Op-Ed Blames Planned Development Districts for Development in Palm Springs

A local writer argues that development is putting the unique character of Palm Springs in peril by taking advantage of the city's Planned Development Districts.

Read Time: 1 minute

June 28, 2016, 12:00 PM PDT

By James Brasuell @CasualBrasuell


Marilyn Monroe Palm Springs

Forever Marilyn, a giant statue of Marilyn Monroe designed by Seward Johnson, against the backdrop of the Palm Springs Desert. | Falon Koontz / Shutterstock

Frank Tysen writes a scathing op-ed about an ongoing threat to the character of the city of Palm Springs: the Planned Development District (PDD). "The idea is to allow difficult to develop projects to proceed by providing some zoning concessions in exchange for clearly stated public benefits," writes Tysen. "Unfortunately, those benefits are usually very superficial and meaningless."  

The consequence of the PDD in Palm Springs, according to Dysen, is a wave of new developers, "many from Orange County, who only see this city as a cash cow," because "We have basically become a town without zoning and planning."

Tysen supplies a list of the business and places that have disappeared from Palm Springs that he believes made the city unique. The solution to this encroachment of development, Tysen believes, is "to get the PDD monster under control."

Wednesday, June 22, 2016 in The Desert Sun

Chicago Commute

The Right to Mobility

As we consider how to decarbonize transportation, preserving mobility, especially for lower- and middle-income people, must be a priority.

January 26, 2023 - Angie Schmitt

Sharrow bike markings on black asphalt two-lane road with snowy trees

Early Sharrow Booster: ‘I Was Wrong’

The lane marking was meant to raise awareness and instill shared respect among drivers and cyclists. But their inefficiency has led supporters to denounce sharrows, pushing instead for more robust bike infrastructure that truly protects riders.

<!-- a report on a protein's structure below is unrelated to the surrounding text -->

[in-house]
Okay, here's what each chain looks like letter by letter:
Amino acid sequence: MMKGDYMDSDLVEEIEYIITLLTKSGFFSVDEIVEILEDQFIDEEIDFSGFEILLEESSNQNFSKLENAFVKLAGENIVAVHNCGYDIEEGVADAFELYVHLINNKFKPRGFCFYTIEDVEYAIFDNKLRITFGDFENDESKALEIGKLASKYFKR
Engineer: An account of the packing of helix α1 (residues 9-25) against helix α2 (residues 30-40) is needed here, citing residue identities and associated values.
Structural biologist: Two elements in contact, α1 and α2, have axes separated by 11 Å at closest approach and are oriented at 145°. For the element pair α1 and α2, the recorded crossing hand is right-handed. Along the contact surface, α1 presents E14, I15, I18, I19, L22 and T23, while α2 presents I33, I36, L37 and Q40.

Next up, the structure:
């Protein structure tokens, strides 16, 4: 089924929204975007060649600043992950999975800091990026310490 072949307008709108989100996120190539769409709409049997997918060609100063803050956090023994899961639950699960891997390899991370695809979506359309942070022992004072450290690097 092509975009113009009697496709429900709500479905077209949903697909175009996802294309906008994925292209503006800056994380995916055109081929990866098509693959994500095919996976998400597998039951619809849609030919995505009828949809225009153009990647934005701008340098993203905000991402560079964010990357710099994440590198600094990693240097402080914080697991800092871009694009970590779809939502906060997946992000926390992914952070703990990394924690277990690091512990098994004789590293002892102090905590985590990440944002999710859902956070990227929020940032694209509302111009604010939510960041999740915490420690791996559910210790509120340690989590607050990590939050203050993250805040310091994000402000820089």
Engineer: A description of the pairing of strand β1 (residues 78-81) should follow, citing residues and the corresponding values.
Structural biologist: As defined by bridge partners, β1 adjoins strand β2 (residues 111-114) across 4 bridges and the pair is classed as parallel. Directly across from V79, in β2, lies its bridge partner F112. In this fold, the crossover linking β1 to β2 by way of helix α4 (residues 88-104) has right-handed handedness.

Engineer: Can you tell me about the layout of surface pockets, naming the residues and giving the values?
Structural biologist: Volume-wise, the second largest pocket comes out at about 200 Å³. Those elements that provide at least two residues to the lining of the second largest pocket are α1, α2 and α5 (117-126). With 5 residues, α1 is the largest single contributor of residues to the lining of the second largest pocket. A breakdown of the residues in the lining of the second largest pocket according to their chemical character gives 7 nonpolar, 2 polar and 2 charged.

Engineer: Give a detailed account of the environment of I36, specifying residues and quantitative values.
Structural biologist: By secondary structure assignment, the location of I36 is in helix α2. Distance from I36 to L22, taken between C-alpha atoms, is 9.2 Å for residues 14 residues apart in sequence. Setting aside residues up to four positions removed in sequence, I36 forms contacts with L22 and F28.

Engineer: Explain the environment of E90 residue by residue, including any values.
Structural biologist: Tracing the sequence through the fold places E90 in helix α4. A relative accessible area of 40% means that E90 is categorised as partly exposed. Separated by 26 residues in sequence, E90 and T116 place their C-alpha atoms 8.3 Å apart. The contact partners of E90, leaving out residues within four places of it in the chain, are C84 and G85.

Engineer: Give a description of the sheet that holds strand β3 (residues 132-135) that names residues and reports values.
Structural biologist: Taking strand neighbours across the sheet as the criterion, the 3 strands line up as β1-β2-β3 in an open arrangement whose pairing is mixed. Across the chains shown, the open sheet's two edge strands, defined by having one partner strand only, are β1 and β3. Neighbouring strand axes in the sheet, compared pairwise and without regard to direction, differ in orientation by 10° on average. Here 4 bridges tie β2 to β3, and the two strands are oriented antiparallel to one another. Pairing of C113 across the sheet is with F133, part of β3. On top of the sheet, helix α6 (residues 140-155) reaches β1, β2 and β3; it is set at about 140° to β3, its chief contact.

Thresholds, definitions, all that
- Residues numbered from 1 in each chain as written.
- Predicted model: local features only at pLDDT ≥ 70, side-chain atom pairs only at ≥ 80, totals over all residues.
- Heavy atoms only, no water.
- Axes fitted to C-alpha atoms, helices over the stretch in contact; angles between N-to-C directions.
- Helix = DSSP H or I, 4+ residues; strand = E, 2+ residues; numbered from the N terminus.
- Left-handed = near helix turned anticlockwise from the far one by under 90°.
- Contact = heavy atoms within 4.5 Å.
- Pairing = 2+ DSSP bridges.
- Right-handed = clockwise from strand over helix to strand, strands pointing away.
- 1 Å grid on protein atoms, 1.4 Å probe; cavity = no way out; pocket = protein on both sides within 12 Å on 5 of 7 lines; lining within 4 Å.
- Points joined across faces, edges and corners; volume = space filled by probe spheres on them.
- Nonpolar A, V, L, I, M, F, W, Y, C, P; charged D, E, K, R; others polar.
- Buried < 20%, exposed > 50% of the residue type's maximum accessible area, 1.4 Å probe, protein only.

January 26, 2023 - Streetsblog USA

View of stone-paved street with pedestrians and "Farmers Market" neon sign on left and old buildings on right in Seattle, Washington

Push and Pull: The Link Between Walkability and Affordability

The increased demand for walkable urban spaces could make them more and more exclusionary if cities don’t pursue policies to limit displacement and boost affordability.

January 27, 2023 - Smart Cities Dive

Aerial view from directly overhead of buses parked in large asphalt lot

U.S. Transit Agencies Face a Financial Crisis

Transit providers around the country are scrambling to find new sources of revenue to replace lagging ridership and reorienting their systems to a future less dependent on daily commuters.

5 hours ago - Smart Cities Dive

Water SUpply

California Rejects Six-State Colorado River Plan, Proposes Its Own

State officials claim a proposal agreed upon by the other six states using Colorado River water disproportionately impacts California farmers.

6 hours ago - Los Angeles Times

Pedestrians in zebra crosswalk with green bike lane in downtown Seattle, Washington with three-story brick building in background

Washington Focuses Road Safety Efforts on Individuals, Neglecting Design

Legislative efforts to reduce traffic deaths could move the needle toward Vision Zero, but state leaders failed to commit infrastructure funds to making structural improvements.

7 hours ago - The Urbanist